The blackcurrant aphid, Cryptomyzus galeopsidis, attacks black currant and also red current. It is widespread throughout Europe and also present in the Russian Far East and North America.
Life cycle and appearance of Blackcurrant aphid
Aphids have a complex life cycle, with both winged and wingless forms of adults and a great variety in colour. In greenhouses, reproduction takes place by parthenogenesis, with unfertilized viviparous females continuing to produce new generations of females. Aphids moult four times before reaching adulthood. With each moult they shed white skin, betraying their presence in the crop.
Wingless females of the blackcurrant aphid are 1.3-2.6 mm long and pale greenish white or sometimes yellowish, often with a darker green spinal stripe. The distal third of the siphunculi is slightly swollen.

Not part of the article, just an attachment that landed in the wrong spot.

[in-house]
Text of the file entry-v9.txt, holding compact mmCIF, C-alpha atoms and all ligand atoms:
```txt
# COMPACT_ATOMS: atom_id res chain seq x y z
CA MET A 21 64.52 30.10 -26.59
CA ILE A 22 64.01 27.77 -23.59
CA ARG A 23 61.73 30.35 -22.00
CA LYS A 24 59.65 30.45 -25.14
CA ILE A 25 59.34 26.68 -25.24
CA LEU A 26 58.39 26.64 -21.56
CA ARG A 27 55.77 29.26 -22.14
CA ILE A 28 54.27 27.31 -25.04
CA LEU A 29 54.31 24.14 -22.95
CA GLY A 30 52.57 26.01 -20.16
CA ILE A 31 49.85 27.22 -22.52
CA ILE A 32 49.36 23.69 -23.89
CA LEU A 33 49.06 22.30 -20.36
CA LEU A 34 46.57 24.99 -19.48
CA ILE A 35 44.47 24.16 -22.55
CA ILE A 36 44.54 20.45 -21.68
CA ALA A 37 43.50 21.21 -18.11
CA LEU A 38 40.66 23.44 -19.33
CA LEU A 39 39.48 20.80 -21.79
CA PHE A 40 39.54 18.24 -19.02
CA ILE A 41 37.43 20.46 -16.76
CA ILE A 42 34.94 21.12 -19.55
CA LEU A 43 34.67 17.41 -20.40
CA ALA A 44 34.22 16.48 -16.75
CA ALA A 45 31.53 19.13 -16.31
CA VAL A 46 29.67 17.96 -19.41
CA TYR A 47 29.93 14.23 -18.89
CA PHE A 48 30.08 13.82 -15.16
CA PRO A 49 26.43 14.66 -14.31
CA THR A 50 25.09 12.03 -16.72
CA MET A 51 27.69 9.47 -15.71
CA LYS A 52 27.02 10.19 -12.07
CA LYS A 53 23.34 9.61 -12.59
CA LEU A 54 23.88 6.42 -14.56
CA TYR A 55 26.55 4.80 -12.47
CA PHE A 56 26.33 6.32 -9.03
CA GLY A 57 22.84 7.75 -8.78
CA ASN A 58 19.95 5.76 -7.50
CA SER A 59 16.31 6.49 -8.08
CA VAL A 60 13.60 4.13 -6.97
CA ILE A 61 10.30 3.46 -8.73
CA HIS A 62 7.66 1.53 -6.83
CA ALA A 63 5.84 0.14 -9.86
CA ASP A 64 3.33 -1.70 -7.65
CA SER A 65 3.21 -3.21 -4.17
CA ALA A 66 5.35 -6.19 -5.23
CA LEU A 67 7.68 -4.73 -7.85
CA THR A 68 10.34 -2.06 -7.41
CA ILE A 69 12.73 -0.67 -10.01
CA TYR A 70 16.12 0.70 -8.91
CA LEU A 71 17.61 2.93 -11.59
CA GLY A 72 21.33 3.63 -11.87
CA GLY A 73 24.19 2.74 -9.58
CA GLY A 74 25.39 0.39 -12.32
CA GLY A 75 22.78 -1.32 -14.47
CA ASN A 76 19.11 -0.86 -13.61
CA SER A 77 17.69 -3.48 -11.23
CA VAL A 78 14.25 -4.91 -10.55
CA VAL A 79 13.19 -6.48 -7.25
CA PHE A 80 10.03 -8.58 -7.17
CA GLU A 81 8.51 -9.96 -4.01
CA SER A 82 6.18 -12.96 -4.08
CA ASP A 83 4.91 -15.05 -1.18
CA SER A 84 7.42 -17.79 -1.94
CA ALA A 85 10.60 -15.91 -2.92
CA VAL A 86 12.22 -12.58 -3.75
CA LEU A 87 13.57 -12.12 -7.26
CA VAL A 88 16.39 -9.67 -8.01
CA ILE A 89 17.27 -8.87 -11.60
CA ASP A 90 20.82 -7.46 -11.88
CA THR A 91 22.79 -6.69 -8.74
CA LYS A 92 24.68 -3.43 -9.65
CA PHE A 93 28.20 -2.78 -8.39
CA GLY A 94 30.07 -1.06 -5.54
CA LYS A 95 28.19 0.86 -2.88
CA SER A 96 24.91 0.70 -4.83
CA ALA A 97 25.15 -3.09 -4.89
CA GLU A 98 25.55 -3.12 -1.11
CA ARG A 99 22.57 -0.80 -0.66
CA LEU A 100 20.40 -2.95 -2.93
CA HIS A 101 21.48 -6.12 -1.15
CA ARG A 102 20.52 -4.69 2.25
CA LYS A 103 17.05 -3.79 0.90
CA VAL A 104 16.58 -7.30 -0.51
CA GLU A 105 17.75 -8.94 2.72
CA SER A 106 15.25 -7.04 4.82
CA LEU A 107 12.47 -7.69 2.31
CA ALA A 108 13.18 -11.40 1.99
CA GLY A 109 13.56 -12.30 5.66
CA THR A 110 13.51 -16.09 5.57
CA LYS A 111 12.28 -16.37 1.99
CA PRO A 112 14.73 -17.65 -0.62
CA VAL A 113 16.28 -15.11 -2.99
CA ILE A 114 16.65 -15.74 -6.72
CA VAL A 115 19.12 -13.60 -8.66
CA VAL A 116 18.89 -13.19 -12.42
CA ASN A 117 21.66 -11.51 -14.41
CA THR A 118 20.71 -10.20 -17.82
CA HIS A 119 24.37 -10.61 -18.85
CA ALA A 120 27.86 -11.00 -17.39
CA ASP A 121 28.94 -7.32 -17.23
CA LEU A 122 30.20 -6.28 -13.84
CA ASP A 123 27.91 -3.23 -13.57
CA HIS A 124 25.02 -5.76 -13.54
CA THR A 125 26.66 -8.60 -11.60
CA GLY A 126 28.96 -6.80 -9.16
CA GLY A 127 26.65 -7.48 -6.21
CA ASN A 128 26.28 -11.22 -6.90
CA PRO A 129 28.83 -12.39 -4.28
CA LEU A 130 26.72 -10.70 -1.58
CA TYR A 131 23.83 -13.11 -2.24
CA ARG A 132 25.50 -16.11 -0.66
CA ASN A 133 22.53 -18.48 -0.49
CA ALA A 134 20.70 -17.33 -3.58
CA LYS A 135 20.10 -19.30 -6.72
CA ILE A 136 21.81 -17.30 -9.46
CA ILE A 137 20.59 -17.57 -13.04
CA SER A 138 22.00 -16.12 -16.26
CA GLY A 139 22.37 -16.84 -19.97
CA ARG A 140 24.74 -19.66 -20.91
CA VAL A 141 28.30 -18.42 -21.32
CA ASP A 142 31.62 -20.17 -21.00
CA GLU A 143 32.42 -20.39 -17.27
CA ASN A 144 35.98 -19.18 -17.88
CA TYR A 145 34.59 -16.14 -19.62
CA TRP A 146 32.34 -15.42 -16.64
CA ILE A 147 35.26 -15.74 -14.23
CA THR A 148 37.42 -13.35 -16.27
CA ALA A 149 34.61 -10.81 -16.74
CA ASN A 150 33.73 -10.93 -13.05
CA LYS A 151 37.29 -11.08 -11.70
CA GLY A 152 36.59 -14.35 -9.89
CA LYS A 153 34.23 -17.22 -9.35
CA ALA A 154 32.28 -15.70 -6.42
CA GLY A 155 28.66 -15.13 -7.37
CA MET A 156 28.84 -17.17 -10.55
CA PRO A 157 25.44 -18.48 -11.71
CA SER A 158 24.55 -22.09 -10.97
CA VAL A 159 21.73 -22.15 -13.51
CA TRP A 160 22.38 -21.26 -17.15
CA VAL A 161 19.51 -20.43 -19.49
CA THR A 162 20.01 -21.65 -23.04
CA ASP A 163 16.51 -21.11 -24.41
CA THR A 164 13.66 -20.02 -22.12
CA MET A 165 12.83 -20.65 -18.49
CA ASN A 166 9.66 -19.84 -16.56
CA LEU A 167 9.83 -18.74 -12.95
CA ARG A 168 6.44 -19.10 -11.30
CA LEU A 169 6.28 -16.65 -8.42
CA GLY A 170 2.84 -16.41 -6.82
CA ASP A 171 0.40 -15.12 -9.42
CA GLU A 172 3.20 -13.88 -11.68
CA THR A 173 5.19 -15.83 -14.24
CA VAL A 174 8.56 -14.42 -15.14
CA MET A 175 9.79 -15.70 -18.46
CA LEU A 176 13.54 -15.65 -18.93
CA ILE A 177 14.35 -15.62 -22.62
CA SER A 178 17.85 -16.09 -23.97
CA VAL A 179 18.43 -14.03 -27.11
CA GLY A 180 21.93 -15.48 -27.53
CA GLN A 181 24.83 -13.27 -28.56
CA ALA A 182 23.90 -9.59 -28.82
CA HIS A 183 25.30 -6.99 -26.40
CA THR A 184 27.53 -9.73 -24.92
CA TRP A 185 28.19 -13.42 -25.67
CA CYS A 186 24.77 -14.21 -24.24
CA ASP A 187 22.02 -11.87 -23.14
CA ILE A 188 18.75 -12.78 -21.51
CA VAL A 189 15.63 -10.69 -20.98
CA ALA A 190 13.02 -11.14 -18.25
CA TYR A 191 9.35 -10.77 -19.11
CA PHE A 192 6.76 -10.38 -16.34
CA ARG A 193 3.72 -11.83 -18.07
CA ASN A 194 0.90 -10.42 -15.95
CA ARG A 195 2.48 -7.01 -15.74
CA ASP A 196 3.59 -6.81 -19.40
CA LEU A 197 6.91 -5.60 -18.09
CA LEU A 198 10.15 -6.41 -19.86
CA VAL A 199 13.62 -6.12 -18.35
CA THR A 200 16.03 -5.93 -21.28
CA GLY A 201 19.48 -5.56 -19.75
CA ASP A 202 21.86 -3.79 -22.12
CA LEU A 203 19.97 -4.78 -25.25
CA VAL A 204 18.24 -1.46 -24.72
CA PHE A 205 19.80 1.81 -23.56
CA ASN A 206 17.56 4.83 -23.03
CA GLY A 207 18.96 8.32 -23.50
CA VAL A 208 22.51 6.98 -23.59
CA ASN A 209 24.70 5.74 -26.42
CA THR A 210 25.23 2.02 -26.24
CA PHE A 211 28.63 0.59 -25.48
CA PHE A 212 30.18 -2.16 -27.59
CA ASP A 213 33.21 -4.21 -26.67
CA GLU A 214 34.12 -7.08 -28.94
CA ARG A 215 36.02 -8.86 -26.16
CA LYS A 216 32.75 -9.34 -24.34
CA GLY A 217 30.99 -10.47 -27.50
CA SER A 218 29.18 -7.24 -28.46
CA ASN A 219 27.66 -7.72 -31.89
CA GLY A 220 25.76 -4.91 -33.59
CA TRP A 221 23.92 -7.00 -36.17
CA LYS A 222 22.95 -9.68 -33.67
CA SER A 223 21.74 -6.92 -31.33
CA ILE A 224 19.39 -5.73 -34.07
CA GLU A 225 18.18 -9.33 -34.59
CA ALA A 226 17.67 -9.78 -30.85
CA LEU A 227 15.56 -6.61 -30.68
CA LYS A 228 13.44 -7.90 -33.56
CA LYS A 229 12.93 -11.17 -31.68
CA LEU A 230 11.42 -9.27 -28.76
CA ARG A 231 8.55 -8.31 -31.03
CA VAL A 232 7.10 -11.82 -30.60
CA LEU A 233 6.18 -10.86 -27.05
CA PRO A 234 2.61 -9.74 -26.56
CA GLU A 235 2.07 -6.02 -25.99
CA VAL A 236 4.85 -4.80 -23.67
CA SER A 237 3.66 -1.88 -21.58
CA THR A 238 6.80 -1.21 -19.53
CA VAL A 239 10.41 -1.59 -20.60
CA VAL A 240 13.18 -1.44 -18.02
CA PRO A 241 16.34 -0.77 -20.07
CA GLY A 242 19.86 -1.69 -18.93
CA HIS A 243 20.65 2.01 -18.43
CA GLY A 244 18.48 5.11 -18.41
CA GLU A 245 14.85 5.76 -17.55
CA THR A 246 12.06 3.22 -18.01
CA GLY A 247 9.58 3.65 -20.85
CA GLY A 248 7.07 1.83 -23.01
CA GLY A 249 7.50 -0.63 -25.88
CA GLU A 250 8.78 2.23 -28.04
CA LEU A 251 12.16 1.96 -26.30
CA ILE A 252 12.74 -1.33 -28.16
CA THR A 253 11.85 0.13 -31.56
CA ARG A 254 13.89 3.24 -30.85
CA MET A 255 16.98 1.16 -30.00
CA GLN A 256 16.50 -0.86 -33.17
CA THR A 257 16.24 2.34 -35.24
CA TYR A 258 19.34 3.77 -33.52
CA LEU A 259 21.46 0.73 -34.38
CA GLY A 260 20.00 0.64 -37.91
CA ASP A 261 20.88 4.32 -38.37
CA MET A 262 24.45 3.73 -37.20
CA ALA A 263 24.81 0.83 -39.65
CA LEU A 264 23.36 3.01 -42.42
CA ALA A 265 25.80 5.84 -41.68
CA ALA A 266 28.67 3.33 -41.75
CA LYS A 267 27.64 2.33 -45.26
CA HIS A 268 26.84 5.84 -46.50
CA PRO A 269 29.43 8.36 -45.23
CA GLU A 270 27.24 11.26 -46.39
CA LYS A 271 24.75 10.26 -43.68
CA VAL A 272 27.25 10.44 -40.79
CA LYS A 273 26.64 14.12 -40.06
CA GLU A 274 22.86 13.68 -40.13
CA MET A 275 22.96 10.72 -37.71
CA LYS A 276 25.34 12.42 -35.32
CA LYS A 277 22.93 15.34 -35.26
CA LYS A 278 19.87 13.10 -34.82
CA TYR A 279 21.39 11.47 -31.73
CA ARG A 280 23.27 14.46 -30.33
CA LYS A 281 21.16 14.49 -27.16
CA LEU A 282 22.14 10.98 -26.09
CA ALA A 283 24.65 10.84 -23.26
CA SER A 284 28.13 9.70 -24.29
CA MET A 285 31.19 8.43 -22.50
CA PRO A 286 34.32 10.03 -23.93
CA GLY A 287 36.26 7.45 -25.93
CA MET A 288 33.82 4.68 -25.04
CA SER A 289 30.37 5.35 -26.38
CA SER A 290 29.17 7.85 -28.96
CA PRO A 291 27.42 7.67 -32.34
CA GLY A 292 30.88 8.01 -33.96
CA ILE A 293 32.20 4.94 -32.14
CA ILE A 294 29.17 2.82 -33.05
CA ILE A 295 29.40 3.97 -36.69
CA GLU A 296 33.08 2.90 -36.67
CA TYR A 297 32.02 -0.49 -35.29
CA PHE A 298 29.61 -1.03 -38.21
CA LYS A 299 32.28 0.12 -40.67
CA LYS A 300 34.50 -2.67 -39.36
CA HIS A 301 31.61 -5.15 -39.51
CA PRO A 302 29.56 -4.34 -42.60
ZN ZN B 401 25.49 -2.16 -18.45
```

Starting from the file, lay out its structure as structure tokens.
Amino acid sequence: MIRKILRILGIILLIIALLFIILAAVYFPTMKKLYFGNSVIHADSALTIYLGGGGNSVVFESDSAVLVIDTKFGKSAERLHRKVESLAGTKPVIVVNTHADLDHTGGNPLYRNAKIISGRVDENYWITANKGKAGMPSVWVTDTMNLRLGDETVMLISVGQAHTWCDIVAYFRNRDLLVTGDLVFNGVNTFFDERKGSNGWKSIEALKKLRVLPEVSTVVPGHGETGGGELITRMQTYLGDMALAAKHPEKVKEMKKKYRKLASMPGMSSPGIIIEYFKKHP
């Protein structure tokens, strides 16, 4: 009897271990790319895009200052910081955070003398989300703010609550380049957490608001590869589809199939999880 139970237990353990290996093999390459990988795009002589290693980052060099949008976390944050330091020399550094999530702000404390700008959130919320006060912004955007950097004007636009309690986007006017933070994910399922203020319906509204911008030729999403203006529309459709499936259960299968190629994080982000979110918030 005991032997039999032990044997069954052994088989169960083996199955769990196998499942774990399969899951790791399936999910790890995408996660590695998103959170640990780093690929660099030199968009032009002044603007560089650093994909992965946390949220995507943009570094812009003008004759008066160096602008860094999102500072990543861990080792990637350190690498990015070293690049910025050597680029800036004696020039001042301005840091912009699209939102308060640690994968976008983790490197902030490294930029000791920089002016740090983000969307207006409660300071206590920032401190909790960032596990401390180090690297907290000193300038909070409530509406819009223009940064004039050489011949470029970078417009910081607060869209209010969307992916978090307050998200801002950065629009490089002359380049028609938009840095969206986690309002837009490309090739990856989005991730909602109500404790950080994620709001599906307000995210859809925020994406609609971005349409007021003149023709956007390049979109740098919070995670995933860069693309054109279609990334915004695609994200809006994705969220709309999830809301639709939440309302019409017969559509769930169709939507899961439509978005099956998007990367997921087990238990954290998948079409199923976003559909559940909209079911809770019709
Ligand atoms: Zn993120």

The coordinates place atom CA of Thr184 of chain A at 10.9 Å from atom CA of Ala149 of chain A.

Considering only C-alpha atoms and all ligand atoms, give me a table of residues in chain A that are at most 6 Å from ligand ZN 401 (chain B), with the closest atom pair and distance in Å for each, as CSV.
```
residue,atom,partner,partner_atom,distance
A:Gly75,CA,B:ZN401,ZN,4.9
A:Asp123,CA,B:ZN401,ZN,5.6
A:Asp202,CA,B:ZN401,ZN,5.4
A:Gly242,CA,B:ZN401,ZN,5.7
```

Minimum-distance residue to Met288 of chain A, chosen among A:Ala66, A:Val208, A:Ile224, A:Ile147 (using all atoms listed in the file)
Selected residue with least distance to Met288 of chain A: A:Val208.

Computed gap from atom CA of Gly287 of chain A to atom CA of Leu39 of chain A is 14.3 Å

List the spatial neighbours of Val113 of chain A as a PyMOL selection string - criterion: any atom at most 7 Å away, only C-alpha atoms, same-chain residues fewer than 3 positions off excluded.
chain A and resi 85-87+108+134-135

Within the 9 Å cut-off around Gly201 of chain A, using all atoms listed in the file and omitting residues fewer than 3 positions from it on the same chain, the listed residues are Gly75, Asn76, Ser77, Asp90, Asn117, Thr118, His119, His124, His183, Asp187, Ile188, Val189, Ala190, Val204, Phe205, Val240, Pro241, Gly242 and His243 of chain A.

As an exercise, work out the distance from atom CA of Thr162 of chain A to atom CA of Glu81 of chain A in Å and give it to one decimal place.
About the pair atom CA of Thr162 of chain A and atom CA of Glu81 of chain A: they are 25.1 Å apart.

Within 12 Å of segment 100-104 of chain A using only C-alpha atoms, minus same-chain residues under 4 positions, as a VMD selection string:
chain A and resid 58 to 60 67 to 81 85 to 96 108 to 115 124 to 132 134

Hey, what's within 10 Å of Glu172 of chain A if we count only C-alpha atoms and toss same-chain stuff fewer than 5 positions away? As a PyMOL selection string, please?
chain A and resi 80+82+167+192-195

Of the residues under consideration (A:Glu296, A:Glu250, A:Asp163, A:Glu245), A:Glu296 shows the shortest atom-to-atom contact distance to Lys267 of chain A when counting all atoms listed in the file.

In spring, the blackcurrant aphid lives on the underside of the young leaves of currant plants. It does not induce a gall on blackcurrant. In June, it migrates to hemp nettle and other Lamiaceae where it curls and rolls the young leaves. Some populations do not migrate from currants.
Blackcurrant aphids produce large amounts of sticky honeydew on which black sooty mould fungi grow. Leaves and fruit quickly turn black and fruit can become unmarketable.